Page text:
It seems a shame that the commercial and creative sides of the city can't coexist better or come to some sort of agreement - after all, with shops the same in high streets across the country, often blaring out the same chart music, surely busking offers something different to the city experience.

Perhaps Danny summed it up best when he said: “When the music stops there’s something missing. Music is the heartbeat of Manchester.”

*Like every other article I have tried to get a comment for, neither got back to me

Manchester School of Samba meet at the Dancehouse, Oxford Road, every Wednesday from 7.30pm-10.30pm, with dance and drumming.

Thursday, 21 January 2010

Alan Fletcher: 50 Years of Graphic Work (and Play), CUBE

The New Year has got off to a good start, as the first new show I've seen this year is excellent. As the title implies, CUBE's retrospective of the British graphic designer Alan Fletcher's work is far more than just a parade of formal design for corporate clients - though there are plenty of examples of his classic designs for brands like Cunard and PAN AM. Some of his work for high profile organisations is still in use today - the V&A logo, for example.

The exhibition is really interesting where it shows the blurring of the boundaries between art and design, and by extension life and design, and the ways in which art and design can be useful and incorporated into every day life. It also raises questions about how what we see is affected by what we're shown - how we react to brands, designs and logos, and the way in which they arouse in us connotations which have become instantly familiar.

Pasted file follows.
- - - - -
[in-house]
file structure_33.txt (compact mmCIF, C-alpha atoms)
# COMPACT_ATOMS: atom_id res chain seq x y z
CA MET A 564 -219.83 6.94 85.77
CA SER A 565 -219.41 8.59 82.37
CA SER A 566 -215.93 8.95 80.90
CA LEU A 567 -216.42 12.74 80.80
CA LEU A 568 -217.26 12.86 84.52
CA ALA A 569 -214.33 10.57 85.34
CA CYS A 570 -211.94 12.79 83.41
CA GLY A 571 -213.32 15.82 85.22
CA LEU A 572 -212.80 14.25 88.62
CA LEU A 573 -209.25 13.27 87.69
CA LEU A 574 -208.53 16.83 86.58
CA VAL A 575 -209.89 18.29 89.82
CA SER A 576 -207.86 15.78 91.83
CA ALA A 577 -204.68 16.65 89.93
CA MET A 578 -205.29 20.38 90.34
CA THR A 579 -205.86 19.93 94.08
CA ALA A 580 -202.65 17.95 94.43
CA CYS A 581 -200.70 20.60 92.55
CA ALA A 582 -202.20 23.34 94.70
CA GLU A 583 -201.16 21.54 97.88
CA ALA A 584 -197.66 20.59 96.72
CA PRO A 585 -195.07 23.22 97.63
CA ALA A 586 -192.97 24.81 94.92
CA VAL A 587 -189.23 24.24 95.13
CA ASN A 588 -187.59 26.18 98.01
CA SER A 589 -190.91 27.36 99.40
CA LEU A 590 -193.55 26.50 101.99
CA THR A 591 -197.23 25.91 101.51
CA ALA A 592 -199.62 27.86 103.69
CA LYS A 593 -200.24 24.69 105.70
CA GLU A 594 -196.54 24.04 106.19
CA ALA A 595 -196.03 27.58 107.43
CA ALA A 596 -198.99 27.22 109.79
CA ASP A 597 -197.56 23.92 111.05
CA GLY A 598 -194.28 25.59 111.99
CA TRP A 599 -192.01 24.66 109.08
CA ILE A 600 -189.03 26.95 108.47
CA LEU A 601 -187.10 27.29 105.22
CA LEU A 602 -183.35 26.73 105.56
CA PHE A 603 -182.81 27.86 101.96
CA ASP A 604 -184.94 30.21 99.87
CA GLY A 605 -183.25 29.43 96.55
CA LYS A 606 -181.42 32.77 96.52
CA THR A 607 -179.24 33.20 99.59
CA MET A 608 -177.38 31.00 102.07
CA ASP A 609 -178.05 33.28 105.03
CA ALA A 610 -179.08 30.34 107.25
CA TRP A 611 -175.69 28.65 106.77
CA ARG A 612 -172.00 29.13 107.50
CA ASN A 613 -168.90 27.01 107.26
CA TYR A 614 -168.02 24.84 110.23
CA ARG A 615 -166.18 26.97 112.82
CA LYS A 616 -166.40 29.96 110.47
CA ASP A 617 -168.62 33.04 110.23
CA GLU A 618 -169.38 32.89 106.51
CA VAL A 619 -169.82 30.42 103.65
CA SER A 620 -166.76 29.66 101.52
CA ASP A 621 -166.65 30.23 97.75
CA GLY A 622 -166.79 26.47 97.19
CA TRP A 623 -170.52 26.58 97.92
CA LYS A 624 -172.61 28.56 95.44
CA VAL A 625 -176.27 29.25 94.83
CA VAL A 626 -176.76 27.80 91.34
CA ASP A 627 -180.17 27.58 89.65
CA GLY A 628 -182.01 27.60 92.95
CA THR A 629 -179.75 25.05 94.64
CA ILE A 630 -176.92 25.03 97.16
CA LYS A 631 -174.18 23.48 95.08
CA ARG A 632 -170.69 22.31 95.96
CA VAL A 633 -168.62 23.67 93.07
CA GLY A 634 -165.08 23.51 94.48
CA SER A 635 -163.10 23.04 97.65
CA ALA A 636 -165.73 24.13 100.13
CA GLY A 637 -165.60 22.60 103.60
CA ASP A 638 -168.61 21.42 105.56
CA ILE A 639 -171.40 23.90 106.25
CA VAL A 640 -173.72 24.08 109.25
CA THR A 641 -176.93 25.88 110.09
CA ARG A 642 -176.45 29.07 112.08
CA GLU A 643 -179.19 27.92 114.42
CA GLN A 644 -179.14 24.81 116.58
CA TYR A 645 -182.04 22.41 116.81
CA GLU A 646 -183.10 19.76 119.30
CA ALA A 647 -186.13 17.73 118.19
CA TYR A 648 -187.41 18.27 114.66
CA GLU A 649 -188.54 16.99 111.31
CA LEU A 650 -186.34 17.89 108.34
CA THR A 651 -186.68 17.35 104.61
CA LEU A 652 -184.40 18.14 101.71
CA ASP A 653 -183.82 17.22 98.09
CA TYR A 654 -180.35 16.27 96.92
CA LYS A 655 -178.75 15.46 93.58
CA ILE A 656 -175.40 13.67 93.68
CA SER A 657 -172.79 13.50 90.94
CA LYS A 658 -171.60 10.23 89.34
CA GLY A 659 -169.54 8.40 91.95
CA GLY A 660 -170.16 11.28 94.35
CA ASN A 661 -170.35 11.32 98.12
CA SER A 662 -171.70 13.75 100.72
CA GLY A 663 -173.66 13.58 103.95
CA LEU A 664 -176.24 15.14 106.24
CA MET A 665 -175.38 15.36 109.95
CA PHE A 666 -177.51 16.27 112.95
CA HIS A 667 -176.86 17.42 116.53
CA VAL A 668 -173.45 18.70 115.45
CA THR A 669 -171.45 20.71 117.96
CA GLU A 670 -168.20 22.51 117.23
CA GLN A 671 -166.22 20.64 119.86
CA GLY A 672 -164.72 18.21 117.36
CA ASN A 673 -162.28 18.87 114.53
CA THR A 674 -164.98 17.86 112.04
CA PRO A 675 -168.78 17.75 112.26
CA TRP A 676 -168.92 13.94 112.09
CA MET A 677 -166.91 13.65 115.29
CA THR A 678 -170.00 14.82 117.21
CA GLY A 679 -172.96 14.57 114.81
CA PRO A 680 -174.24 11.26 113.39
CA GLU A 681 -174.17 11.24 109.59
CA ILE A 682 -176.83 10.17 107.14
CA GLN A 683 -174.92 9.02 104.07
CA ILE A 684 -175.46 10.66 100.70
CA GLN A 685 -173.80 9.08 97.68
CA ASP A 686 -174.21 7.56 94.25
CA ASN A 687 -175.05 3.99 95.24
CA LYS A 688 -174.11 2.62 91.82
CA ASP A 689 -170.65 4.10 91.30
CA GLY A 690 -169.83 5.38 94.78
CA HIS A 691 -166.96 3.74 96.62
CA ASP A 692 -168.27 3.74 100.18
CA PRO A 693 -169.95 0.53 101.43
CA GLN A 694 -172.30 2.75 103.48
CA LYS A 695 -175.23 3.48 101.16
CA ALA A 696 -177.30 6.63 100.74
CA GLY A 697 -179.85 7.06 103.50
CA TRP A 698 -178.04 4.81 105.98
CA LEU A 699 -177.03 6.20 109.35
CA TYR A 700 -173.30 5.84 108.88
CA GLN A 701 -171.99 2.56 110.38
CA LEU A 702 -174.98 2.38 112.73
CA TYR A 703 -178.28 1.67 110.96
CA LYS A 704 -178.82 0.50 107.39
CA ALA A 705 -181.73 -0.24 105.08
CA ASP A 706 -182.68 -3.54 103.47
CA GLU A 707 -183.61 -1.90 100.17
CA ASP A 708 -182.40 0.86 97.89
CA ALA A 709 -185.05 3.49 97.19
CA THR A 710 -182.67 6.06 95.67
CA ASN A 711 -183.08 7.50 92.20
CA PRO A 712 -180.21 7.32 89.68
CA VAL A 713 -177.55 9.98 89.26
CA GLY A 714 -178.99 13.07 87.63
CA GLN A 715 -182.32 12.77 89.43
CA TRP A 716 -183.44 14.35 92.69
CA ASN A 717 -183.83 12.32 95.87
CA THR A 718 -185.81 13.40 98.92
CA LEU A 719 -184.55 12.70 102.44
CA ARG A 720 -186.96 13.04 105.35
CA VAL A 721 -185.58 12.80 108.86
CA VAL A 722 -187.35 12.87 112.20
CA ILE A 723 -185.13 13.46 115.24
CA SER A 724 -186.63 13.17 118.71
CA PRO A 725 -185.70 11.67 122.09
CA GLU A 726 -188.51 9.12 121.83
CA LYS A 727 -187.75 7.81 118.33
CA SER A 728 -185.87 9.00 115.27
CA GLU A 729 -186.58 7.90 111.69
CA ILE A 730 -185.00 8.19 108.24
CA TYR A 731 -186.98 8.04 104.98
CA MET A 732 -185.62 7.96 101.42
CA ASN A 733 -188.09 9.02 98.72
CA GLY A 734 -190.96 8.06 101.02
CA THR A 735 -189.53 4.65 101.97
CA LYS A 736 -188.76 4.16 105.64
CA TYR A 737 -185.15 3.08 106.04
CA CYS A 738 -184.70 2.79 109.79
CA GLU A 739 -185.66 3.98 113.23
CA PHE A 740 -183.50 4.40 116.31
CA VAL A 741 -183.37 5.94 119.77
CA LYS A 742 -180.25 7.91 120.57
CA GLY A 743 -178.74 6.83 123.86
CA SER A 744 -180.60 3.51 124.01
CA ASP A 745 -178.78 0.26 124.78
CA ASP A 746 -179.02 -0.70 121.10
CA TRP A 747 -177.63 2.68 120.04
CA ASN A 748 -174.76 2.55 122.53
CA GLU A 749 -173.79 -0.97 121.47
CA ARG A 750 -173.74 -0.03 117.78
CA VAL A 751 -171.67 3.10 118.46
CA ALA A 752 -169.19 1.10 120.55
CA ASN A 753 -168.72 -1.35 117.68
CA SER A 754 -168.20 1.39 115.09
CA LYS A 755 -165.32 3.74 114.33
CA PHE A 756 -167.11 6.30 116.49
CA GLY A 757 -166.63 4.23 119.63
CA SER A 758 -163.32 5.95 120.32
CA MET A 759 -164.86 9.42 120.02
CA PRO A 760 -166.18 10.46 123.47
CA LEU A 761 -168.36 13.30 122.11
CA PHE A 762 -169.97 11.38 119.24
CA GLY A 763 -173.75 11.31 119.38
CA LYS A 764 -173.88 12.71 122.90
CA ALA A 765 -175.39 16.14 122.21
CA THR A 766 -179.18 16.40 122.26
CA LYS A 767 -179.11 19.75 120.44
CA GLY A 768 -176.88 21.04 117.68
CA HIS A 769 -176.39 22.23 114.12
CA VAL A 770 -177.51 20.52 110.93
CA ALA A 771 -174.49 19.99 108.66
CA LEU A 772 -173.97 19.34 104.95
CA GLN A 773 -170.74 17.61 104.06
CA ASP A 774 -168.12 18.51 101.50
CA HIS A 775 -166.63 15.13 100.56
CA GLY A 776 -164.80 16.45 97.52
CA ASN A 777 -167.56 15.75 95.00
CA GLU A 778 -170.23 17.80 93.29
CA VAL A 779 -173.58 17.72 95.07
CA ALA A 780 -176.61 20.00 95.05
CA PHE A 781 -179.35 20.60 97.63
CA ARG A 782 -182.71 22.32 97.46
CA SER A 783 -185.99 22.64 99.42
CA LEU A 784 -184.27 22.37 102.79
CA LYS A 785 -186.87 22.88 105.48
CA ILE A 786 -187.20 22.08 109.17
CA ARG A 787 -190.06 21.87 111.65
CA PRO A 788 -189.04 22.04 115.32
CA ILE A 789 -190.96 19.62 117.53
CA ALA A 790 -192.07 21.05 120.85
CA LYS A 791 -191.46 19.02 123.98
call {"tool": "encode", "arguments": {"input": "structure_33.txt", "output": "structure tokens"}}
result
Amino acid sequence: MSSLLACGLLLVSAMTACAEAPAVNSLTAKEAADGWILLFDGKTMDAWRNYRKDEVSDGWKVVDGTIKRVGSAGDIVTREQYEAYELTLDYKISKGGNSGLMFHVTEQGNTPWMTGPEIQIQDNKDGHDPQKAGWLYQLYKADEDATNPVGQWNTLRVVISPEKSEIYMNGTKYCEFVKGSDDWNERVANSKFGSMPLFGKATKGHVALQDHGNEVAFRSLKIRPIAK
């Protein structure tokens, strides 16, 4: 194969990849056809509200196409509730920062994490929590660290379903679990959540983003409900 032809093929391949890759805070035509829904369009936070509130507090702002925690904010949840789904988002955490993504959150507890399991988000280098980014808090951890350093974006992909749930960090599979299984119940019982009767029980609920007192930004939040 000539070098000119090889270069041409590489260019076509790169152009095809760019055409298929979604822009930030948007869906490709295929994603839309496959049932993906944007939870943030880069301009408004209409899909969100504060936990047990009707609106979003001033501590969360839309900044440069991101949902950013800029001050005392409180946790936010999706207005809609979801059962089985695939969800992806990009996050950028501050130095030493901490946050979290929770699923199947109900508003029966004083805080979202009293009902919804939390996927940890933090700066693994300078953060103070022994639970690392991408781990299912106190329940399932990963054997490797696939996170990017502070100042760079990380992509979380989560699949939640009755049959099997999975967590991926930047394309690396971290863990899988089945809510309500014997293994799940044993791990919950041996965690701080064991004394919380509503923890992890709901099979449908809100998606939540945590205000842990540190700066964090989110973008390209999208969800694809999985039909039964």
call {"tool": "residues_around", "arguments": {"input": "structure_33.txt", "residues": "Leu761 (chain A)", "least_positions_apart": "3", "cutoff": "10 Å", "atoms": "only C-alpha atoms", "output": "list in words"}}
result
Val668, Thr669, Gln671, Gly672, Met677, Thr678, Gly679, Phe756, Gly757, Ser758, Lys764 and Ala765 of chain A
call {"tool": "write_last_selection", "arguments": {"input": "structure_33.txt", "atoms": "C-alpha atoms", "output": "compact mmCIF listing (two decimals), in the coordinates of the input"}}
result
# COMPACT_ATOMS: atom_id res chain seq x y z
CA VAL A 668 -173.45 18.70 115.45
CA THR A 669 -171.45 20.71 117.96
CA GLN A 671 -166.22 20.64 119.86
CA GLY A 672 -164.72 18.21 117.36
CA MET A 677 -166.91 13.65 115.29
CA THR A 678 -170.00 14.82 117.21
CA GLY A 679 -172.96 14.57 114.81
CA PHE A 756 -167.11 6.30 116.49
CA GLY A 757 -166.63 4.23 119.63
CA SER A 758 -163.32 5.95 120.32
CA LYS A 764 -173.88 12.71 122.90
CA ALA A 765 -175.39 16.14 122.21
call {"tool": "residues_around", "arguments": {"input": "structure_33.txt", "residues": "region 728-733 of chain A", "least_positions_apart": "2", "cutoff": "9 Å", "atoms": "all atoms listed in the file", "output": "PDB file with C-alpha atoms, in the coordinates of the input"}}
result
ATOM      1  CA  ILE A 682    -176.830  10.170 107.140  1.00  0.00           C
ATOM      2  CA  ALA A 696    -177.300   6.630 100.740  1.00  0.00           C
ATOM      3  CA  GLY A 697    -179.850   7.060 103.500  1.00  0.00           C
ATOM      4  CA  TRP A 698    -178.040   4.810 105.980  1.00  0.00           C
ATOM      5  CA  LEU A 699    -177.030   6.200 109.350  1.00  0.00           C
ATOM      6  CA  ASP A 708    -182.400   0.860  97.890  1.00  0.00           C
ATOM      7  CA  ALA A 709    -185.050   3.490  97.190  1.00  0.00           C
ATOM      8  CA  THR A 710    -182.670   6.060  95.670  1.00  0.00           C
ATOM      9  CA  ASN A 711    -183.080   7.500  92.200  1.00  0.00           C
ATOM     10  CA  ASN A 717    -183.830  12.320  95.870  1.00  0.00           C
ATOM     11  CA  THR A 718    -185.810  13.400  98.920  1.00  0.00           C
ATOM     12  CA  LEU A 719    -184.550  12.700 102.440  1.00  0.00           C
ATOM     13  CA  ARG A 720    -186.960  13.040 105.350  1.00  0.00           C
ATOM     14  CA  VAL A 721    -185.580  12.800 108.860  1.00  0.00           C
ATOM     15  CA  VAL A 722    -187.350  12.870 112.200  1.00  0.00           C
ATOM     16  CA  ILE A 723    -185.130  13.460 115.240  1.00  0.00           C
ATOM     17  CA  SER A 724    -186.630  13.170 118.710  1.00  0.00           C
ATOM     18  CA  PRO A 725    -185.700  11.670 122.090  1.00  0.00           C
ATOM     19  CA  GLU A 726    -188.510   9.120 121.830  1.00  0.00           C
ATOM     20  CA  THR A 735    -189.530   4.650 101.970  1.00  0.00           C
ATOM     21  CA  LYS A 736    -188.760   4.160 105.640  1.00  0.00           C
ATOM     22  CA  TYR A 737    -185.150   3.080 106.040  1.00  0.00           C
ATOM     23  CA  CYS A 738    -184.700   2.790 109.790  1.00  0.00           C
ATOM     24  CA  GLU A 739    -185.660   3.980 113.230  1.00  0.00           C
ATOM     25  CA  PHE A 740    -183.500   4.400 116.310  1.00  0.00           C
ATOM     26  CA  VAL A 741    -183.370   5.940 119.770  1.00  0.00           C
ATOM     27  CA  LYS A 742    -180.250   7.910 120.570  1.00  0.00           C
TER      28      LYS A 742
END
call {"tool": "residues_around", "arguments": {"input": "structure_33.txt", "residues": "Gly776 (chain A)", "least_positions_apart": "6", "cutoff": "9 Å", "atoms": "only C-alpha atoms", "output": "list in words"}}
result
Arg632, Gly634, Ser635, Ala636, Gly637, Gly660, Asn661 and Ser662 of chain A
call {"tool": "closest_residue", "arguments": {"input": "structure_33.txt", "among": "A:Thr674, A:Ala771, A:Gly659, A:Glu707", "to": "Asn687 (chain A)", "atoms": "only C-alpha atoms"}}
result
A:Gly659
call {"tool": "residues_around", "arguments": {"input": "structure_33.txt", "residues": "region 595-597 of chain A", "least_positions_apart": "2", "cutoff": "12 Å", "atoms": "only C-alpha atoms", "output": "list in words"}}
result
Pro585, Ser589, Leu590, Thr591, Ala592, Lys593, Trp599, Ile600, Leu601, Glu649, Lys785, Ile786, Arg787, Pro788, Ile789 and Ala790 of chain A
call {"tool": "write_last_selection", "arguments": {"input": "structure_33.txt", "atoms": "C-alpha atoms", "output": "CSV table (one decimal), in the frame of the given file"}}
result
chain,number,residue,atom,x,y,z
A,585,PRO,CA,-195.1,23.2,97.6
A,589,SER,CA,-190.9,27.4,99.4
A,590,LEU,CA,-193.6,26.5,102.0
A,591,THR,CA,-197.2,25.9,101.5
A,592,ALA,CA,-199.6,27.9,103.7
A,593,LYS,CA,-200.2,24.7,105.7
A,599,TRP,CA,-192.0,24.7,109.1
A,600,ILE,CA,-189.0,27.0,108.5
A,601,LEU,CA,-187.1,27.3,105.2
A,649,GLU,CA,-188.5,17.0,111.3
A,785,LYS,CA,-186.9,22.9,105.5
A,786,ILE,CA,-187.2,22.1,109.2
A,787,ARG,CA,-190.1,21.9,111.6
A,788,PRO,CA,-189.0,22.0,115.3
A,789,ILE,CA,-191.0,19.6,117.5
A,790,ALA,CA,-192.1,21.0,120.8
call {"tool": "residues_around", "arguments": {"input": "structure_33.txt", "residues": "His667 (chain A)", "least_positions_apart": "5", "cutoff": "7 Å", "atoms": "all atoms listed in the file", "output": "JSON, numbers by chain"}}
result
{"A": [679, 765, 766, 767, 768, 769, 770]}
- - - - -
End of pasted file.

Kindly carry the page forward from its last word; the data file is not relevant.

This worked both ways; Fletcher also quoted from life and what was around him, from incorporating the distinctive patterning of punched type tape into the Reuters logo to obsessively collecting piles of letters as examples of different typefaces. Although minor experiments, his collages comprised of these fonts are interesting; the word 'anonymous' is drawn from letters leaping out from themselves anyonymous newspaper articles, characters from the Coca Cola logo still spell nothing but Coca Cola in the mind even when removed from their context and recycled into another word.